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9781567930672

The Future U.S. Healthcare System

by ; ;
  • ISBN13:

    9781567930672

  • ISBN10:

    1567930670

  • Format: Paperback
  • Copyright: 1997-10-01
  • Publisher: Health Administration Pr

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Table of Contents

Foreword xiii(4)
Steven A. Schroeder
Acknowledgments xvii
1. Healthcare for the Poor and Uninsured: An Uncertain Future
1(24)
Stuart H. Altman
Uwe E. Reinhardt
Alexandra Shields
Introduction
1(1)
The Number of Uninsured in the United States: What Is the Magnitude of the Problem?
2(3)
The Implications of Being Without Health Insurance
5(2)
Why Has the Problem Persisted?
7(5)
Increasingly Less Healthcare Available for the Uninsured
12(3)
Concrete Proposals for Change
15(1)
Incremental Reforms at the National and State Levels
15(3)
Looking to the Future
18(7)
Part I The Problem of the Uninsured--It's Real and Getting Worse 25(74)
2. Uninsured in America: The Causes and Consequences
25(20)
Diane Rowland
Judith Feder
Patricia Seliger Keenan
Introduction
25(1)
Who Are the Uninsured?
26(4)
What Is Happening to Health Insurance Coverage?
30(6)
What Are the Consequences of Lack of Insurance?
36(5)
Conclusion
41(4)
3. All Uninsured Are Not the Same
45(22)
Katherine Swartz
Characteristics of the Uninsured at a Specific Point in Time
46(6)
Dynamics of Being Without Health Insurance
52(2)
Policy Choices
54(10)
Conclusion
64(3)
4. The Changing Role of Medicaid
67(20)
John F. Holahan
Medicaid Growth Explosion, 1988-92
67(6)
Slowdown in Medicaid Expenditure Growth, 1992-95
73(4)
Medicaid Spending in the Near Future
77(3)
Implications
80(4)
Acknowledgments
84(3)
5. The Medically Uninsured--Will They Always Be With Us?
87(12)
Steven A. Schroeder
Why We Tolerate Having So Many Uninsured
88(4)
What Lies Ahead?
92(7)
Part II Traditional Safety Net Providers: Showing Signs of Strain 99(90)
6. The Challenges Facing Health Centers in a Changing Healthcare System
99(24)
Daniel R. Hawkins
Sara Rosenbaum
Introduction
99(1)
Background and Overview
100(6)
Trends Affecting Health Centers
106(8)
Conclusion
114(9)
7. The Future of Safety-Net Hospitals
123(28)
Larry S. Gage
Characteristics of Safety-Net Health Systems
125(3)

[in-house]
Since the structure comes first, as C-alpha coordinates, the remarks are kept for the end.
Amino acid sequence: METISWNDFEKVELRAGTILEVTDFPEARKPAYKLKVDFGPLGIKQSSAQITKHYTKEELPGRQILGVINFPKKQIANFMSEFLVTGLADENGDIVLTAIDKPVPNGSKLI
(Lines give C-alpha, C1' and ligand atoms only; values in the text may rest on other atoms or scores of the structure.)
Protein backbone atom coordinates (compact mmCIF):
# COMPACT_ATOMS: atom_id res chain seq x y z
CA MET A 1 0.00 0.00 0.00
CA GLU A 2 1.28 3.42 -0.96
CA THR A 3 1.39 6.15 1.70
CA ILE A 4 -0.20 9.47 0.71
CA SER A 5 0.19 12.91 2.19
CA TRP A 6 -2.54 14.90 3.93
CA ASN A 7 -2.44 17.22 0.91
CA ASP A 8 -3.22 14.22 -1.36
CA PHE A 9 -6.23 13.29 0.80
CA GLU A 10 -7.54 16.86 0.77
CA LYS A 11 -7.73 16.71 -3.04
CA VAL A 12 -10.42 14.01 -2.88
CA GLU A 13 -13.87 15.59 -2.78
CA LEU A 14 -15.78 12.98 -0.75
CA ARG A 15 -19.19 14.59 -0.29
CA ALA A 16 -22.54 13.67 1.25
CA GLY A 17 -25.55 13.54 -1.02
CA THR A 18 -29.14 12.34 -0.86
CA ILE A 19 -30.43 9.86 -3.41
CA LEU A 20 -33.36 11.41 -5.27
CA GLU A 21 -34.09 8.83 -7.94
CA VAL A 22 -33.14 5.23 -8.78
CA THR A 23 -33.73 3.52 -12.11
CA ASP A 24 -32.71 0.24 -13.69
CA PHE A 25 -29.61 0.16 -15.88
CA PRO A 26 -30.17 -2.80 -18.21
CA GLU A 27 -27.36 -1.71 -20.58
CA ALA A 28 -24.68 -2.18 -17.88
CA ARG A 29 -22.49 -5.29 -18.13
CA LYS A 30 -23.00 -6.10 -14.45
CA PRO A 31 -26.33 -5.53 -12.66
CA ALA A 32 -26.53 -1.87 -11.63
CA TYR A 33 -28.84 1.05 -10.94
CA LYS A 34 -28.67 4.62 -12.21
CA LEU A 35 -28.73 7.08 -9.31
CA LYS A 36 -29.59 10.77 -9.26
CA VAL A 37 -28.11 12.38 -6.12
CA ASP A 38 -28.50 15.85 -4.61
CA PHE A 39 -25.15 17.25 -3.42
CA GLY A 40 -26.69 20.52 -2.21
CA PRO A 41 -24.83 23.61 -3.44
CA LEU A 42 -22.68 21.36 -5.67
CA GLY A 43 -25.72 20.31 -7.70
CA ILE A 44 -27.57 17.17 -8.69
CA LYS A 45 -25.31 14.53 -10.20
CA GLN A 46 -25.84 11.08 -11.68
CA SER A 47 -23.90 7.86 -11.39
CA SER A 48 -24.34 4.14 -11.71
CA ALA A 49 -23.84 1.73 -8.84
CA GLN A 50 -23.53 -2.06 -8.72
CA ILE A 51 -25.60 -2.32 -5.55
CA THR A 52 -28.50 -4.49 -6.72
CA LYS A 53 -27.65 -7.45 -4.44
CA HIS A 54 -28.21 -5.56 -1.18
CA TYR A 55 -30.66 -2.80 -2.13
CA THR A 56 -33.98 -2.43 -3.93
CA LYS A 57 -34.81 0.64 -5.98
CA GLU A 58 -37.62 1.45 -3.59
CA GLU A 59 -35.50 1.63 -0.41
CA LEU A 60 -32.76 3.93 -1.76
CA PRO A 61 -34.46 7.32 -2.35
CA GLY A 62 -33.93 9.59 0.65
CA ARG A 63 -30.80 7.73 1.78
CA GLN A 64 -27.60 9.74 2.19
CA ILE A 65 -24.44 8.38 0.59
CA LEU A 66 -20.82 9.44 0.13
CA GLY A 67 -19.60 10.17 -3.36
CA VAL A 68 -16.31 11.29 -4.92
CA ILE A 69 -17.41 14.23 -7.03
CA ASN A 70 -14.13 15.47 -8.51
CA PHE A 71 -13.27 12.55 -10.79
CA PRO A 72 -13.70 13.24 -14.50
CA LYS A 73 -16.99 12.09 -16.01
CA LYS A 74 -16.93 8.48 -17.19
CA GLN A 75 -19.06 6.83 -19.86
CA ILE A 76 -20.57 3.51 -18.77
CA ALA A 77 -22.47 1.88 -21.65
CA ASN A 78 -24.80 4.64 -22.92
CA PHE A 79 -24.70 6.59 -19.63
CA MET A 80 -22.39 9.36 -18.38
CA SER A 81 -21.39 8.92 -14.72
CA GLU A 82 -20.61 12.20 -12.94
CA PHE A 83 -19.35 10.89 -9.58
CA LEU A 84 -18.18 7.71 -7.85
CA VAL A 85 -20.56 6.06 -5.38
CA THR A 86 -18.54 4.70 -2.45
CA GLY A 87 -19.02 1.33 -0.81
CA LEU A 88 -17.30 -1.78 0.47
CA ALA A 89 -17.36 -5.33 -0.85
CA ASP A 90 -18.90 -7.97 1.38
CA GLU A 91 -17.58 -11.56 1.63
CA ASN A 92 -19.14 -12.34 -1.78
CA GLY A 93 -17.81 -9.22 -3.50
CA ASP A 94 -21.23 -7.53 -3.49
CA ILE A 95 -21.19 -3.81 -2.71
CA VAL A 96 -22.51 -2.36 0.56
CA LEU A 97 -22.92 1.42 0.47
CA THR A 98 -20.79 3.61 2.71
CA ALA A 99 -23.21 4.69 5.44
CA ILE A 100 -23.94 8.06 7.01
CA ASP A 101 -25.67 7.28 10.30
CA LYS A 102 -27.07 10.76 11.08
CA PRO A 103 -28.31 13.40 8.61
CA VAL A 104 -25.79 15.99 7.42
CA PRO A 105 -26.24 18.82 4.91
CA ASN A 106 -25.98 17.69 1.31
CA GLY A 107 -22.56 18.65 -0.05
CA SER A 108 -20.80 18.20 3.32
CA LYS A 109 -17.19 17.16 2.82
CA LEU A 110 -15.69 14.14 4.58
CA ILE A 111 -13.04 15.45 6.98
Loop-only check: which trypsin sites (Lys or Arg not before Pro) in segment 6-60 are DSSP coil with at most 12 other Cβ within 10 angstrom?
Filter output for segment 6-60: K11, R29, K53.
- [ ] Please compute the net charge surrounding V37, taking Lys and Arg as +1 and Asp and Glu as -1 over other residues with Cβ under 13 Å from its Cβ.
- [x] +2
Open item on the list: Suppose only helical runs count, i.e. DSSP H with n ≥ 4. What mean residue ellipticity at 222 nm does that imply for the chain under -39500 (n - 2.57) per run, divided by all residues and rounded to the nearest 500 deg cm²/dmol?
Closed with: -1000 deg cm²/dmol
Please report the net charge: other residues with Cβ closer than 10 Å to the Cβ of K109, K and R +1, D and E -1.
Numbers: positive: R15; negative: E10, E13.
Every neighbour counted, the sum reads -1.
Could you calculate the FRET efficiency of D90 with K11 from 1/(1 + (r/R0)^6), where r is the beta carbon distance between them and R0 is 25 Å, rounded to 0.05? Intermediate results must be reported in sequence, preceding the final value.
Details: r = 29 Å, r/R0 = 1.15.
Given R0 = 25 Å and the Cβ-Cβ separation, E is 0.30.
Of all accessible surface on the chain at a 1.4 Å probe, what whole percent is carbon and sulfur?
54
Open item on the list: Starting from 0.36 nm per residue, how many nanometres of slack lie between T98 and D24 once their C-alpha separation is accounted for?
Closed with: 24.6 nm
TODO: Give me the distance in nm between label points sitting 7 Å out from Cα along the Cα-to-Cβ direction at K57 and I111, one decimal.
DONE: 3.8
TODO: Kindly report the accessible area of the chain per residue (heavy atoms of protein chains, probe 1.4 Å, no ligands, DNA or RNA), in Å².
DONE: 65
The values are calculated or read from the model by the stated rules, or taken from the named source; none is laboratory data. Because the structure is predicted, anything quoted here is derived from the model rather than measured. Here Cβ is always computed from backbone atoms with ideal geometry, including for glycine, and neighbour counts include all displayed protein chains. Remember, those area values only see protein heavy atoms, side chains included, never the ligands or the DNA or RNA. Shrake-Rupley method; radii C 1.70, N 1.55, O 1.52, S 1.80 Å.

Safety-Net Hospitals Provide a Large Volume of Inpatient and Outpatient Care
128(6)
Safety-Net Hospitals Provide Disproportionate Levels of Medicaid, Medicare, and Uncompensated Care
134(2)
Safety-Net Hospitals Rely Disproportionately on Medicare, Medicaid, and Local Subsidies to Cross-Subsidize Uncompensated Care
136(3)
The Impact of Managed Care
139(2)
Options for Protecting Safety-Net Health Systems
141(1)
The Need to Reform DSH
142(1)
The Need for Managed Care Safeguards
143(1)
The Need for a Level Playing Field for Safety-Net Health Systems
144(3)
Conclusion
147(1)
Acknowledgments
148(3)
8. The Role of Academic Health Centers and Teaching Hospitals in Providing Care for the Poor
151(16)
James Reuter
Darrell J. Gaskin
Academic Health Centers and Care to the Poor
152(3)
Academic Health Centers and the New Medical Market
155(5)
The Impact of the Market on AHCs' Missions
160(2)
Looking to the Future
162(5)
9. The Hidden U.S. Healthcare Safety Net: Will It Survive?
167(22)
Stuart H. Altman
Stuart Guterman
Financing the American Hospital
167(5)
The Funding That Supports the Safety-Net Hospital
172(4)
The Critical Role of Private Patient Revenues
176(2)
Distribution of Uncompensated Care Burden across Hospitals
178(3)
The Effect of Increasing Financial Pressure on the Distribution of Uncompensated Care
181(2)
A Worst-Case Scenario
183(1)
Conclusions
184(5)
Part III Changes in Hospital Ownership and Care for the Uninsured 189(44)
10. The Impact of Hospital Conversions on the Healthcare Safety Net
189(18)
David Schactman
Stuart H. Altman
Introduction
189(1)
The Provision of Charity Care and Community Benefits
190(10)
The Provision of Health Services
200(1)
The Price of Health Services
201(2)
Conclusion
203(4)
11. Hospital Ownership Form and Care of the Uninsured
207(16)